Complications following proctocolectomy and Brooke ileostomy are generally less severe than those seen with the ileoanal procedure. Minor complications can occur in up to 39% of patients and major complications in 17%, sometimes requiring reoperation and readmission to the hospital14a (see Table Table1).1). Perineal wound infection with delayed healing, urinary retention, sexual dysfunction, misdiagnosis, stomal complications, pelvic infection, and small bowel obstruction are some of the complications that may be encountered in both the early and late postoperative periods. Stoma complications vary between 5% and 25%. The most common complications include peristomal dermatitis, stomal hernia, retraction or prolapse, and stricture, some of which will necessitate surgical revision.
Infection and/or failure to heal the perineal wound can lead to significant morbidity for the patient occurring in up to 25% of patients after proctectomy.15,16 The problem of poor wound healing has led many to perform intersphincteric perineal dissections to improve blood supply and closure of dead space, thereby decreasing wound-related complications.17 When wound healing is delayed, local wound care with packing may be necessary for several months. Complex tissue flaps and transposition of the gracilis muscle have been used with some success in recalcitrant cases.18,19 Recently, there has been interest in the use of vacuum-assisted closure devices to heal complex wounds of the perineum.20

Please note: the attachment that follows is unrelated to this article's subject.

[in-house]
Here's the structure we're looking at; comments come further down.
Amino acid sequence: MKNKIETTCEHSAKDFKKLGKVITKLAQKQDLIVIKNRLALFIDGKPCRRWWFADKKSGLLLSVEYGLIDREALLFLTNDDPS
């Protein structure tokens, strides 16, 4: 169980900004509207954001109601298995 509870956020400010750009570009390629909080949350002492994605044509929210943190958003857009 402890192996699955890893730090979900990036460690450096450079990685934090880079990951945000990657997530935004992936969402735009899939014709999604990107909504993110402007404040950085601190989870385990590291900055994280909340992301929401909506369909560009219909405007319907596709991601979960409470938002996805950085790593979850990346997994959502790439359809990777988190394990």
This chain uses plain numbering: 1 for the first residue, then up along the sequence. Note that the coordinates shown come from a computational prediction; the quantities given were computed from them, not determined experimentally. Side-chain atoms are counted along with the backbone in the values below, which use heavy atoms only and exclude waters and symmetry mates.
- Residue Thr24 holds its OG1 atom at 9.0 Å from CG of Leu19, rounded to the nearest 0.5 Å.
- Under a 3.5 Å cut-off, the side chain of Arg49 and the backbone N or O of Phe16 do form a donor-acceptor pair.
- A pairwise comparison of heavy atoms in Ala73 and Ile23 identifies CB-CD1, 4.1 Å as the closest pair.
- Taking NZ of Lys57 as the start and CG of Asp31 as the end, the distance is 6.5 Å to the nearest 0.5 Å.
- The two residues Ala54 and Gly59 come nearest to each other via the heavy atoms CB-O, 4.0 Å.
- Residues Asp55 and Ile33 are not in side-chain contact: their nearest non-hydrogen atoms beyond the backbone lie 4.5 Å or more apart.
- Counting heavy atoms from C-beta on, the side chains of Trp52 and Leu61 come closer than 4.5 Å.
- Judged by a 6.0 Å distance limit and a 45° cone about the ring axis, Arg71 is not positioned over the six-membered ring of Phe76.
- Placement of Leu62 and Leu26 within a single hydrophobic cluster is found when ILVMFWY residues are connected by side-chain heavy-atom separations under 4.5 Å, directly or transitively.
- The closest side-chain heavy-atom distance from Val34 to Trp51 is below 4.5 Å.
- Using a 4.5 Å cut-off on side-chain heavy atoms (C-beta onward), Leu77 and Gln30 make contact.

From a physiologic standpoint, patients with ileostomies are at risk for dehydration, electrolyte abnormalities, and urinary and gallstone formation. The patient should be counseled and know how to measure stomal output and seek medical care if it is not adequate, too watery, or too thick. Electrolyte abnormalities may be seen more commonly in patients with a significant portion of the distal ileum resected; these include loss of sodium, chloride, potassium, and bicarbonate leading to acidosis.21 The low output of acidic urine may lead to precipitation of uric acid stones in the urinary tract. Bile acid malabsorption and supersaturated bile may be responsible for increased incidence of gallstones seen in ileostomy patients that are postcolectomy for ulcerative colitis.22,23
Technical complications during pelvic dissection can lead to urinary and sexual dysfunction due to damage of sympathetic and parasympathetic nerves. This may have a profound psychological impact on patients postoperatively. Impotence can occur in 1 to 2% of patients following proctectomy for benign disease.24 Retrograde ejaculation is a more common complication and has been reported in up to 5% of males. Dyspareunia and episodic vaginal discharge resulting from pelvic floor disruption may lead to impaired quality of life in females. Female fertility may be diminished, but the procedure does not preclude full-term pregnancy with normal vaginal delivery.25 Complications can be minimized with meticulous dissection and a clear understanding of pelvic anatomy.